We are first going to head for the bus turning area and small unofficial car park at the west end of the village of Bowness.
From here we can survey the vast estuary that is the Solway Firth. To the west are the remains of the bridge that used to carry the Solway Junction Railway across the water to Scotland (and, before it was dismantled, the occasional drunken reveller – seeking to bypass national drinking laws – to their watery doom). According to Bishop Nicholson, writing in 1707, the terminus of the Wall lay a quarter of a mile west of the village and other writers confirm his observation. The phrase ‘there is nothing to see now’ can safely be deployed here for the first time. To the north, across the estuary, lies what is now Scotland but was in Roman times Caledonia (please note: no Picts were harmed in the making of this mural barrier, since they were almost certainly not around until long after it was constructed; the Picts’ Wall was a local term that came to be used to describe the Wall in the post-Roman period).
To the east is the low drumlinoid that provides the slightly elevated platform for the fort of Bowness-on-Solway. This is as good a place as any to contemplate how the emperor Hadrian’s visit to Britain in AD 122 (a date you will find hard to forget, as it is now the number of the Hadrian’s Wall bus, although that no longer ventures as far as Bowness, sadly) led to the construction of this massive monument, unique in form in the Roman world. Why did he do it? In the Historia Augusta, his biographer offers a simple explanation: ‘he was the first to construct a wall, eighty miles in length, which was to separate the barbarians from the Romans’ (HA Life of Hadrian, 11).
We now need to proceed east up the road and into the village as far as the King’s Arms pub at the T-junction. As we do so, we enter the site of the fort of Bowness (MAIA).
The fort of Maia lies beneath the village of Bowness. The name means something like ‘bigger’ (a goddess of that name is known) and, at 2.3ha, it was second only in size to Stanwix. The significance of its location, apart from the conveniently raised ground of the drumlinoid, is that it is (or was) the lowest fording point of the Solway Firth. The remains of the fort were evident when Camden visited in 1599 (‘tracts of streetes, ruinous walles, and an haven now stopped up with mud’), but there is now nothing to be seen of its fabric. A noticeboard on the side of the King’s Arms has a plan, together with some useful information. Having read that, if we then continue east down the main street, approximately 80m from the corner of the pub is a low byre on the right with a blocked doorway. Examine the lintel with the eye of faith and you may recognise that it is a small Roman altar of red sandstone (the principal Roman building material around here). Its inscription was still legible in the 19th century, but did not mention the garrison of the site, which was probably an 800-strong infantry unit (a cohors peditata milliaria).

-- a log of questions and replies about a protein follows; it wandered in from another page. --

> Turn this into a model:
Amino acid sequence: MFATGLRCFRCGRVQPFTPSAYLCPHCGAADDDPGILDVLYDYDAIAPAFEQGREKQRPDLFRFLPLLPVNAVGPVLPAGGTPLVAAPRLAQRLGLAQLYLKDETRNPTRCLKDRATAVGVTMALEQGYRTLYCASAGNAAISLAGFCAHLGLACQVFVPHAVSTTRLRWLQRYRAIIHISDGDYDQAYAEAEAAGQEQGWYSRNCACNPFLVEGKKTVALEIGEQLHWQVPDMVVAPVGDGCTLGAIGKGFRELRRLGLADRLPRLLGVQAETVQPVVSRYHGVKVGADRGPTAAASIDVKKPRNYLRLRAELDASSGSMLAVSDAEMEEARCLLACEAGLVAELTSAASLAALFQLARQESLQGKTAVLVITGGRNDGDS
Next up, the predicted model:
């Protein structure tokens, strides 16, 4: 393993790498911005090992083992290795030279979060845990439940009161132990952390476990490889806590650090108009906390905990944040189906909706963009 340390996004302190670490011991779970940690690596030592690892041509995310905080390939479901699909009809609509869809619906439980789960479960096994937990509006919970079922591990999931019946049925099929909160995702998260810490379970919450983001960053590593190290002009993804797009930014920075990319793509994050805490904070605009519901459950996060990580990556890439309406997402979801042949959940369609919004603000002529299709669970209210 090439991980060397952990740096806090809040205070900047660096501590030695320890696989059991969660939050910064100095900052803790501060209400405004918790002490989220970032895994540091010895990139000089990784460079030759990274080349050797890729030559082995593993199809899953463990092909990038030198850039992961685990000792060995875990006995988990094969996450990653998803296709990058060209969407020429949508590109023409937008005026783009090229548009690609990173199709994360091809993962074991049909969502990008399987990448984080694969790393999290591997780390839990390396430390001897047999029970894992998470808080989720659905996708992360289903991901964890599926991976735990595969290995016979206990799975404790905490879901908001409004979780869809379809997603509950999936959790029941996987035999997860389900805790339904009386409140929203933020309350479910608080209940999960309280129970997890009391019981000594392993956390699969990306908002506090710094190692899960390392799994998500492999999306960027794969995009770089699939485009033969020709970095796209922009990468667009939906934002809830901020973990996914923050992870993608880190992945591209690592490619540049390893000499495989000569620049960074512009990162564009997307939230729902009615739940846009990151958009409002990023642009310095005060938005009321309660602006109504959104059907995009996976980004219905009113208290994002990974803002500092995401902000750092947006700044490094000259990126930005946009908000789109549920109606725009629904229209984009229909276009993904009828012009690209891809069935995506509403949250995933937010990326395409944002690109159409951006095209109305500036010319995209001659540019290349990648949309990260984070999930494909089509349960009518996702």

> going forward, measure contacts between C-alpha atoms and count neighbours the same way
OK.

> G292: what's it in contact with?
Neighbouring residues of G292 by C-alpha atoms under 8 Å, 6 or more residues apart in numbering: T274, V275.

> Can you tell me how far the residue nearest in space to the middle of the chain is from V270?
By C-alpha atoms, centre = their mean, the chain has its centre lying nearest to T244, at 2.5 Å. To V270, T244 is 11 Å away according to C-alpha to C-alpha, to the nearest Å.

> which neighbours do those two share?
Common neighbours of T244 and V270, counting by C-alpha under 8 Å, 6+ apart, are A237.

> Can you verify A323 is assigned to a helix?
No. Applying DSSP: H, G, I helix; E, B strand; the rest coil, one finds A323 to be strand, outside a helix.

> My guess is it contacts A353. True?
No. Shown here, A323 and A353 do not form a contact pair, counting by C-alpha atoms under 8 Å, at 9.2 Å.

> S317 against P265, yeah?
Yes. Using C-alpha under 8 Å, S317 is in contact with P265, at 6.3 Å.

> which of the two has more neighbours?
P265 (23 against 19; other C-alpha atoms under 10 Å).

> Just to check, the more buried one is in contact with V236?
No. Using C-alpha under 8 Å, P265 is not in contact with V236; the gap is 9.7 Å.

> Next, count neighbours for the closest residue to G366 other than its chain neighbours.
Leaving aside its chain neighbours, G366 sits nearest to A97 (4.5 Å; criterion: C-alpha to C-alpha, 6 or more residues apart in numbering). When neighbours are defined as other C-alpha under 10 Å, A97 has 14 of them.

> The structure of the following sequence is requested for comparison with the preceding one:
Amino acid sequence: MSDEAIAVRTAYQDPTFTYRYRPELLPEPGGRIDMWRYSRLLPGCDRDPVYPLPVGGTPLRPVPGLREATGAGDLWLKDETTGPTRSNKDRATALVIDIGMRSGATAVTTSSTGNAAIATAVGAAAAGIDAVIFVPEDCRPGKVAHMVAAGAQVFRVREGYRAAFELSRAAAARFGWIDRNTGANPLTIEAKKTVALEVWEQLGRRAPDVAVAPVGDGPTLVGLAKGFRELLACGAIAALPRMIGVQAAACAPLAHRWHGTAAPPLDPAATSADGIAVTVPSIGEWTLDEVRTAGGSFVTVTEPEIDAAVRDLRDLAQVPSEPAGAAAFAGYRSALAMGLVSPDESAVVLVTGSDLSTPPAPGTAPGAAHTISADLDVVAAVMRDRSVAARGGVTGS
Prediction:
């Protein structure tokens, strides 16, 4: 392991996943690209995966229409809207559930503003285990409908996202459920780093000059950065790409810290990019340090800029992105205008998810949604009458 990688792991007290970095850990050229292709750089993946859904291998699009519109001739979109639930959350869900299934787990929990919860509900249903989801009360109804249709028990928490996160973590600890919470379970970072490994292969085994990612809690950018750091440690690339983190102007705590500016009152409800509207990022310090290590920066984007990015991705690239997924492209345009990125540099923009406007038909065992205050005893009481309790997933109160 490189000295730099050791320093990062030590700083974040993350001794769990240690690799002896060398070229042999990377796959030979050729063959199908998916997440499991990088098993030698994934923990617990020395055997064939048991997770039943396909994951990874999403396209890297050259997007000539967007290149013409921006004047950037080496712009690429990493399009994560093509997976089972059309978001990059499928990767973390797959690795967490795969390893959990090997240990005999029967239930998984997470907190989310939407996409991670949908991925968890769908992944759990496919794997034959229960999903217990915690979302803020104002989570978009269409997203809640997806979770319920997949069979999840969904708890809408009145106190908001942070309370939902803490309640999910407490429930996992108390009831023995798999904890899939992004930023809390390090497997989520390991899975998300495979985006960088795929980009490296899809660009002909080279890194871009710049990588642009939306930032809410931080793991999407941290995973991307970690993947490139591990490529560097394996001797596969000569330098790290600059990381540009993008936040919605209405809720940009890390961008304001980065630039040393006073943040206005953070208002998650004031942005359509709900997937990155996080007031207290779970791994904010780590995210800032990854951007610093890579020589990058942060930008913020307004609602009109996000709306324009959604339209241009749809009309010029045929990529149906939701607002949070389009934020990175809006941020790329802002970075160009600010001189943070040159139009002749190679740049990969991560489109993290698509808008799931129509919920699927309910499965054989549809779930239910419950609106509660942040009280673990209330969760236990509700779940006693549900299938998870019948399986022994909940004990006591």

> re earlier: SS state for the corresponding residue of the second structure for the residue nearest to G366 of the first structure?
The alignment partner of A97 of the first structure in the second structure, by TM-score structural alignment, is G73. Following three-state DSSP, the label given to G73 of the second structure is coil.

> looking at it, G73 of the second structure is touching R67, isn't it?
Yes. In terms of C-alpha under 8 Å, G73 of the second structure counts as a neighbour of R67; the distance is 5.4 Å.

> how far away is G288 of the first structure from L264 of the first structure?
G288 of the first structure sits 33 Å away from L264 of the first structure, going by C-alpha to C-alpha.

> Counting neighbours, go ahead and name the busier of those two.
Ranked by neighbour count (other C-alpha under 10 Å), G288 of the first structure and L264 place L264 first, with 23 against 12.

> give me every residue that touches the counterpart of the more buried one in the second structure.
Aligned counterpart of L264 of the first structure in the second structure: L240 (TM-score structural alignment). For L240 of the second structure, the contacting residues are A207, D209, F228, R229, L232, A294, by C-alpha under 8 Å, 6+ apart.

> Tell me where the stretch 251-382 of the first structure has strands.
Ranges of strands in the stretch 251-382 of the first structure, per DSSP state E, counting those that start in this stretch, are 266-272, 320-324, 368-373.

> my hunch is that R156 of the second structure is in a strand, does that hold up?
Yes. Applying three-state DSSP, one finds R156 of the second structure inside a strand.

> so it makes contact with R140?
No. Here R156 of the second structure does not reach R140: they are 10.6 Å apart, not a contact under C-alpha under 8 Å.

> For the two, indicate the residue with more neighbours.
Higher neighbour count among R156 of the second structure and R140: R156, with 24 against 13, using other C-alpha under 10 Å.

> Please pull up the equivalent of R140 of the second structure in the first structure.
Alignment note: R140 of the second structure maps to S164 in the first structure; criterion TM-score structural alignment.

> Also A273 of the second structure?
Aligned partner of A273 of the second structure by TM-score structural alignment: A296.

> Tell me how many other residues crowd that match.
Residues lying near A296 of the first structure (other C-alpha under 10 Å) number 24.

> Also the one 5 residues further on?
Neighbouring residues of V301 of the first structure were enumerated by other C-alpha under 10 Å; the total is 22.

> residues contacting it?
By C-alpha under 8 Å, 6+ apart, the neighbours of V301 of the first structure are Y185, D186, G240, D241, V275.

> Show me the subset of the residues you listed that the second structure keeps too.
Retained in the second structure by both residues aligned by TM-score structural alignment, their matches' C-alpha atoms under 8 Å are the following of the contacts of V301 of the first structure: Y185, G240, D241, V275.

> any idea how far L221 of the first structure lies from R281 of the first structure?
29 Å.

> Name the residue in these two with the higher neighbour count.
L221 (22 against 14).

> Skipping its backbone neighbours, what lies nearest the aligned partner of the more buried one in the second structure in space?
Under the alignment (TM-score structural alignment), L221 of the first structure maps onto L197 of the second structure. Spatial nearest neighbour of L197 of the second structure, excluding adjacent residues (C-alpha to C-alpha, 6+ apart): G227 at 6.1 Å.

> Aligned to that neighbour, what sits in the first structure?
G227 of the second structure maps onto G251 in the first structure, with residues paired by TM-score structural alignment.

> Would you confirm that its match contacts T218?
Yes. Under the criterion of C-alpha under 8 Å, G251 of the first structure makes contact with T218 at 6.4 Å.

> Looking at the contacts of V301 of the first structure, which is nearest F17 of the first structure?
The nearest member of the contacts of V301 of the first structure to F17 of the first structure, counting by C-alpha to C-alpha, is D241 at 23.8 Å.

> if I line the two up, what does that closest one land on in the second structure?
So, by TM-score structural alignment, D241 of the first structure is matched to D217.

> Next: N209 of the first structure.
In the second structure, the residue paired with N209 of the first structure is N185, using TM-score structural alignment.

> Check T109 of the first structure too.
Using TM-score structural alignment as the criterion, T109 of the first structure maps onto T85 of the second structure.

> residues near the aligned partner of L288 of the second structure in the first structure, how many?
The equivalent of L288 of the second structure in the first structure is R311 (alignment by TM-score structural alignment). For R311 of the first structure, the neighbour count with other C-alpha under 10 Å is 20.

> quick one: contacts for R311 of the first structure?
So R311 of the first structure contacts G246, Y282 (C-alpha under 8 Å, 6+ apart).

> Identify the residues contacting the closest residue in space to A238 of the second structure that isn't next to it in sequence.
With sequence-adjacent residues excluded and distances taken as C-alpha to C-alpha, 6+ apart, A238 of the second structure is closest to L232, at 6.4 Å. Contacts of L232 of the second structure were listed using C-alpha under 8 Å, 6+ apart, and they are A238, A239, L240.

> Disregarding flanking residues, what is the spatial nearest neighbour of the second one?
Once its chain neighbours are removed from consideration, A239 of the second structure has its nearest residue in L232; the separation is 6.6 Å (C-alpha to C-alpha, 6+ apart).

Milecastle 80 has not been found. Not a good start, you might think, but it is assumed it was demolished to make way for the fort, so it will only ever have been made of turf and timber and not rebuilt in stone. Why this should have happened will become apparent when we come to mull over the so-called Forts Decision. For the time being, it will suffice to note that milecastles normally occurred every Roman mile (1,000 paces or 5,000 Roman feet, or approximately 1,479m or 1,617yds: ‘approximately’ because Roman miles – generally measured by pacing – tended to vary slightly) but that a combination of the difficulty of exact measurement in the past, and the need for pragmatism for signalling and observation purposes, means there was evidently some ‘wriggle room’ in their placing.
Unless you are desperate to get a Trail ‘passport’ stamped at the incongruous little shed that lurks off the main street, you may now exit the village, passing close to the position of the east gate of the fort, and begin your unorthodox exploration of Hadrian’s Wall.